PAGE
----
Completing the crew roster was Xavier Droux from Geneva Switzerland, who currently has a fellowship at Oxford University. This was his first time on a excavation, so we put him through his paces to find out just what he was really good at. He got a taste of just about everything, but found his true calling in the art of mending pottery--a task that is not as easy as it might sound. It requires a good eye and memory for irregular shapes and subtle colors in order to pluck fragments of the same pot out of a sea of trays containing a seemingly endless number of possible matching sherds. It can be intensely frustrating if one isn't good at it, and extremely satisfying if one is. Finding the joins is one thing, but to glue the bits together requires another virtue entirely: patience! As you can imagine the desire the glue bits together as soon as one finds the join is overwhelming, but it often is not the best policy. While it doesn't matter that much if the pot is not complete, in cases where all of the fragments have been recovered, subtle misalignments of the joins or the build up of too much glue between the fragments can result in a decidedly wonky pot, or in the worst-case scenario, one last piece that simply doesn't fit. It is of course possible to take the pot apart again and start from the beginning, but it isn't a lot of fun. It requires softening the glue in acetone and then manually removing it from every edge with a scalpel. The word tedious was invented to describe this task. Really the best way to mend a pot is to collect all of the pieces and start building it up from the base, allowing each row to dry completely before rushing into the next one. This may take several annoyingly long days, but Xavier was a master of it. The real proof was when he mended separately two parts of a jar that we did not realize were all part of the same, and the pieces fit together perfectly--a rare event indeed!
|Bad mend: an example of a pot that has not been mended correctly.
||Good mend: a sample of Xavier's work--a perfectly joined vessel.
Now fully staffed, we began clearing the central zone of Test Square B, but things were becoming decidedly strange. Instead of the neat (more or less) row of tombs were we expecting, we came across an odd ovoid shaped grave, Tomb 11, which was almost entirely eroded away. Only the foot of an adolescent, still articulated and encrusted with some sort of hard resin and part of a wooden box or coffin remained. Stranger still, the tomb and the body within it (at least what was left) were oriented in completely the opposite direction to what we had encountered before.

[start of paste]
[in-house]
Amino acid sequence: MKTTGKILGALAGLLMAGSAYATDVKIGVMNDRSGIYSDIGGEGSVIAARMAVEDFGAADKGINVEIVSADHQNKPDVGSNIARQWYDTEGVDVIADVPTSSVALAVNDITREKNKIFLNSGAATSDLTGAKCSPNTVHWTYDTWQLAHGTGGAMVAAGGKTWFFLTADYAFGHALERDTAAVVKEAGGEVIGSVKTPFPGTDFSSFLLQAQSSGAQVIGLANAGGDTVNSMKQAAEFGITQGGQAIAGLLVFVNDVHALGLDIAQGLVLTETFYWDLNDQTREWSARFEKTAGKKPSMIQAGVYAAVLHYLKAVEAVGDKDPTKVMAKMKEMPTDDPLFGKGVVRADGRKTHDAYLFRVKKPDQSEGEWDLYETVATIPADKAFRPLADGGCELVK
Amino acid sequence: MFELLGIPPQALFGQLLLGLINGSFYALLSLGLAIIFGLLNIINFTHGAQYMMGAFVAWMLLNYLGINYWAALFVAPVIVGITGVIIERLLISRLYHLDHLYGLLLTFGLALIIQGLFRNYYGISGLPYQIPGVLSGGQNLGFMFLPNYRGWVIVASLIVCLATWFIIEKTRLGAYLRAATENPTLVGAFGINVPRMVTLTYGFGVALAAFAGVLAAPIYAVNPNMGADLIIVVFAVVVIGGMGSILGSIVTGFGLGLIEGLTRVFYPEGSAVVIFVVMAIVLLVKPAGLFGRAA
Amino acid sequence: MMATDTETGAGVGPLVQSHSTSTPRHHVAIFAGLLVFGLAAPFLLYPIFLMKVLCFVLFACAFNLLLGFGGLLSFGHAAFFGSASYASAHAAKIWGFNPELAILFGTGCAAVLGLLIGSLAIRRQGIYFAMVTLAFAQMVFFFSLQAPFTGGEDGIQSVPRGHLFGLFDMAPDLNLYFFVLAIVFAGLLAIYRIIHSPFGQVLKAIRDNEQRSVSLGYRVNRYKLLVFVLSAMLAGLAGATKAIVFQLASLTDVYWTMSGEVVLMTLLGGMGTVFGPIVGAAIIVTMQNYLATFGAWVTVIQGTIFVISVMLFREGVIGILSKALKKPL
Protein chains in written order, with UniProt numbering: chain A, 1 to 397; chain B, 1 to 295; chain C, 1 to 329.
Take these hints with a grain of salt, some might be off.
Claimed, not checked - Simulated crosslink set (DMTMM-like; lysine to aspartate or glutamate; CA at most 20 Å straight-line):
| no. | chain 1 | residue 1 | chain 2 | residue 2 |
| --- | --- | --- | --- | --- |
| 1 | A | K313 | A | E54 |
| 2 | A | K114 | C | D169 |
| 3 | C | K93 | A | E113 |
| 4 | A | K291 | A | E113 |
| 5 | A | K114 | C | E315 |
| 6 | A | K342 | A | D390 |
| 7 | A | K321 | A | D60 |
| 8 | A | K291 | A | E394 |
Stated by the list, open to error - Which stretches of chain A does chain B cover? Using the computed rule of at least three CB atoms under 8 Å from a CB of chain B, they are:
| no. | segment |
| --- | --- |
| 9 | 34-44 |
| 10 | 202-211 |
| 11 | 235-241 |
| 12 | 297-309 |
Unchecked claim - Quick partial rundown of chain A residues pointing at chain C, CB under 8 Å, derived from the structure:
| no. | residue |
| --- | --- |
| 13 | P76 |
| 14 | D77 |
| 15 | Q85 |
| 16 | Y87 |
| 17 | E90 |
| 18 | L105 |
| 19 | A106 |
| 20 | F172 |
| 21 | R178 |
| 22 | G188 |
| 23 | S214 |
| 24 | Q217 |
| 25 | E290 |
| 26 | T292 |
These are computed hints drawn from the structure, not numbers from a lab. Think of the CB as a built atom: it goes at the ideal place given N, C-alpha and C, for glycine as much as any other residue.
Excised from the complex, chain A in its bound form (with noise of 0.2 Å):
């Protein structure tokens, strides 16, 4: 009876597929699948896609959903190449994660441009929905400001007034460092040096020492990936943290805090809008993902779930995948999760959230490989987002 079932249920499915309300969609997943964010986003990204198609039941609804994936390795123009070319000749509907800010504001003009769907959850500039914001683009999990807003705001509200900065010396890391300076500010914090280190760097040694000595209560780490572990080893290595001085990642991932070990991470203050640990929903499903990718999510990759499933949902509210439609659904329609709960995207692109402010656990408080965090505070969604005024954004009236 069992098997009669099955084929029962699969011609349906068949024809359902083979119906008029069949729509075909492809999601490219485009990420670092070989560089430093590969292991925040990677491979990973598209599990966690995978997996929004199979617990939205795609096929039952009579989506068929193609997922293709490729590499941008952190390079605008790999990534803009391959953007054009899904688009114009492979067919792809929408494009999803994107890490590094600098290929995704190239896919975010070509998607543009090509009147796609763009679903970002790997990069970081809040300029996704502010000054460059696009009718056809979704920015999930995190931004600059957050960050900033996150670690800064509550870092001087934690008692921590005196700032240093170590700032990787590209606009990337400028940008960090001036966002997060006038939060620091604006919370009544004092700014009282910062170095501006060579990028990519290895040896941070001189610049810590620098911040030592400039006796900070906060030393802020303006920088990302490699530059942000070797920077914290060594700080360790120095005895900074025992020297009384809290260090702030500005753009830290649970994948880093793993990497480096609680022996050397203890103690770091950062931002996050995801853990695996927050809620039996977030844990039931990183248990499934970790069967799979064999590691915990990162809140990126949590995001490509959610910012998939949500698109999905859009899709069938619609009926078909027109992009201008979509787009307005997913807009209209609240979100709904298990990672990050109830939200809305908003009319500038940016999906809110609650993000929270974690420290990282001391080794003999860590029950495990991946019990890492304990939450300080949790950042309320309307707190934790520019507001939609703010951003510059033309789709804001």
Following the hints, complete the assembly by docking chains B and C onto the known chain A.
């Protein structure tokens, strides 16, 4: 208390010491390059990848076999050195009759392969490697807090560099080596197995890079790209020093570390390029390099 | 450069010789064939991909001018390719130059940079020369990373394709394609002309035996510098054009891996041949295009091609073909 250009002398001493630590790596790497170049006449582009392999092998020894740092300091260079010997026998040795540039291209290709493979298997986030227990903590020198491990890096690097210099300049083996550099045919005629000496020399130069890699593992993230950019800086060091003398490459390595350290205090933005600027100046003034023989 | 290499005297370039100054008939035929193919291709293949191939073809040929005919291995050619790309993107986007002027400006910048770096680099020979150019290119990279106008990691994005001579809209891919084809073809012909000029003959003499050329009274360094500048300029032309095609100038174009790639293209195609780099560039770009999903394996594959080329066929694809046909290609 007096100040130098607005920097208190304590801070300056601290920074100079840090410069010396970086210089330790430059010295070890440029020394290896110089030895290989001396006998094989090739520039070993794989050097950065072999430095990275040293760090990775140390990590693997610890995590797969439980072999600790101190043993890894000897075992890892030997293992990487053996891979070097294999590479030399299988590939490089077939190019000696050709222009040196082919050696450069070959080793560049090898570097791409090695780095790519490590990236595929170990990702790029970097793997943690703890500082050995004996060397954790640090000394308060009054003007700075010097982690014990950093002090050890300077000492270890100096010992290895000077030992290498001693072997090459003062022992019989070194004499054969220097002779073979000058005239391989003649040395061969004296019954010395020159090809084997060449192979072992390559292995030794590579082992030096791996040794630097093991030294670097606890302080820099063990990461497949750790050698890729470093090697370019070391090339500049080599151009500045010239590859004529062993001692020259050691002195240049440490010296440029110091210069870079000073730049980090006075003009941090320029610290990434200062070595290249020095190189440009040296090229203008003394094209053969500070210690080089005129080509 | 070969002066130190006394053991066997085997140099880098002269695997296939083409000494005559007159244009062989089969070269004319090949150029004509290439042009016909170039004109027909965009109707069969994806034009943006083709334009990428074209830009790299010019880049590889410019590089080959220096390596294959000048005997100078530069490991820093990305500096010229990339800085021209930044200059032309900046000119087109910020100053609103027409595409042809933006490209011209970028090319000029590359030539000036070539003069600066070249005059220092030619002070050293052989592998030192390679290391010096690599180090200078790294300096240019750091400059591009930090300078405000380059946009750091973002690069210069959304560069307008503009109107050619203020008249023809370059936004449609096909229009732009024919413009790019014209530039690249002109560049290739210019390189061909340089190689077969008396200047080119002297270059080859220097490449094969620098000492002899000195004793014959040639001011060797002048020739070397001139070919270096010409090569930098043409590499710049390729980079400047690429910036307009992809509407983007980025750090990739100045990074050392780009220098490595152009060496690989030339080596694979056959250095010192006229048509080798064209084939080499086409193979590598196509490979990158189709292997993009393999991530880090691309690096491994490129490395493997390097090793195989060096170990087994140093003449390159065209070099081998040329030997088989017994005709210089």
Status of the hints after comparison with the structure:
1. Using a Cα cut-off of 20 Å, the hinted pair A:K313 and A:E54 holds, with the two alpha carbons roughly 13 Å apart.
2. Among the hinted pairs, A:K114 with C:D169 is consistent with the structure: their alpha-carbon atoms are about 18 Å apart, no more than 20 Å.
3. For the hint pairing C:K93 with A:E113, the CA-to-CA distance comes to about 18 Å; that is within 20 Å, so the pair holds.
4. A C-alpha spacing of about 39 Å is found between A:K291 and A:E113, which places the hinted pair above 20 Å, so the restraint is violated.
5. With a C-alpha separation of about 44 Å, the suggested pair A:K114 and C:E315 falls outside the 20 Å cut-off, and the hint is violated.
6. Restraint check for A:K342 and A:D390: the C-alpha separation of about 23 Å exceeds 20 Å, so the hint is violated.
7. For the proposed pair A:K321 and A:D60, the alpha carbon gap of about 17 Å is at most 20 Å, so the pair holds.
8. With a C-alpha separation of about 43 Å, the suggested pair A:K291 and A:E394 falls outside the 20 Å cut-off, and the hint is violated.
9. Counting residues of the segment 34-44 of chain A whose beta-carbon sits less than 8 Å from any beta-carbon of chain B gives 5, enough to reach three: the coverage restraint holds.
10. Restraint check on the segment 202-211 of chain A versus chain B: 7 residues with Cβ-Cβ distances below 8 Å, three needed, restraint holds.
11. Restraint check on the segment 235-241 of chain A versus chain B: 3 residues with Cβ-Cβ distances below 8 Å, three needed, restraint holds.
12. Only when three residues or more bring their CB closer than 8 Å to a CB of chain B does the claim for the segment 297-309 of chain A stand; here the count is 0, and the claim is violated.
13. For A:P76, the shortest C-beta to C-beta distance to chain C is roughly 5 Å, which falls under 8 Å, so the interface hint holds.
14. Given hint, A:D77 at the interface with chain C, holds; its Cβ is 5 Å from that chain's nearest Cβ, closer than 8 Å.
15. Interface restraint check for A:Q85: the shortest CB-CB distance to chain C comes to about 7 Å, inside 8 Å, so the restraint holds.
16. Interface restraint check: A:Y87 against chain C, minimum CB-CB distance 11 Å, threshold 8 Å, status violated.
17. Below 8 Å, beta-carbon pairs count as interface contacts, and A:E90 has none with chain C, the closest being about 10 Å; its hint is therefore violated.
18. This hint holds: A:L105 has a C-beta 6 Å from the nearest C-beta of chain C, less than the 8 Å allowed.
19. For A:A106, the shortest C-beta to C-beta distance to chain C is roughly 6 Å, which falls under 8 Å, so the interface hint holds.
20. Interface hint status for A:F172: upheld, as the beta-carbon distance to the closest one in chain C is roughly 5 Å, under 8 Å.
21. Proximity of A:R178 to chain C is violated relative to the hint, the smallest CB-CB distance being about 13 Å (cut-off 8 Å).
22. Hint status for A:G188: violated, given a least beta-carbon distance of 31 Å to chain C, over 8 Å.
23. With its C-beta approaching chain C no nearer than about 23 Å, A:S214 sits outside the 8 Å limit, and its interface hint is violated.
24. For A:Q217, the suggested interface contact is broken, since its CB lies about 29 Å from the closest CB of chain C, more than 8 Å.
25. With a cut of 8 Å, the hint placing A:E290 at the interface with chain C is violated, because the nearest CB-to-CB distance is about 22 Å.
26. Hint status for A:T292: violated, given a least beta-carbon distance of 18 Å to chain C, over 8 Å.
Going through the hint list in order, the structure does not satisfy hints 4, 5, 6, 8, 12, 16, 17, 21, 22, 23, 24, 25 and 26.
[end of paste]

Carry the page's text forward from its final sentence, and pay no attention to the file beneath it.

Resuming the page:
Moving farther west, we encountered another tomb with reverse orientation: Tomb 13. Although quite deep, it was a very narrow cutting, presumably for a body laid on its side in an extended position. All we could do was presume this, as the tomb had been highly disturbed in recent times, and all we found were a few scraps of leather, a few beads, and a finger bone at the bottom. Like Tomb 11, it may possibly date from a later period, and although there are some Nubian traits (especially the leather), not enough was found to date or suggest a cultural attribution for either of them.
Our confusion was compounded with the discovery of Tomb 14. Again, it was aligned in the same reverse (at least to our expectations) way. As we uncovered the mass of bricks collapsed above the clear grave cutting, we had great hopes for more information by which we might date these odd tombs. Despite these early indications, it proved rather disappointing. Nothing much remained within the tomb other than part of the pelvis with part of the femur still articulating directly below the roof fall, suggesting that the burial was laid, possibly in a crouched position on its left side facing west (different again to what we were used to!, but so little really remained to confirm this). Other than that we found some leather, which may be part of a belt or kilt and one catfish spine, which had definitely been modified to be used as some sort of a tool, possibly for creating the impressed and decorated pottery that the Nubians favored. Our dismay at the sorry state of the tomb's contents was offset by the diagonally laid bricks that lined its long walls. These were a surprising revelation and had apparently been laid in this manner to create a barrel vaulted roof over the grave. By laying them diagonally, the vault could ingeniously be created without the use of a form to hold the shape until the mortar dried. Vaulted tombs in Nubia appear to date to the later and nearly last phases of the C group culture, so perhaps a time difference explains the orientation of these unexpected tombs.
|This catfish spine from Tomb 14 has been modified at its end for use as a tool. We also found blue faience, red carnelian, and yellow peridot beads in Tomb 14.|
We had almost finished clearing the area within our 10x10m square and were becoming increasingly concerned with the layout (see map) that now appeared quite dispersed, with much empty space between graves that now at least contained very little. After the excitement of the previous week it made for some boring days of scraping and hauling so when we finally came across the remnants of an offering place with some badly disintegrated hemispherical bowls embedded in dirt (later discovered to be dissolved brick) we were overjoyed. Little did we know that this was just the tip of the iceberg!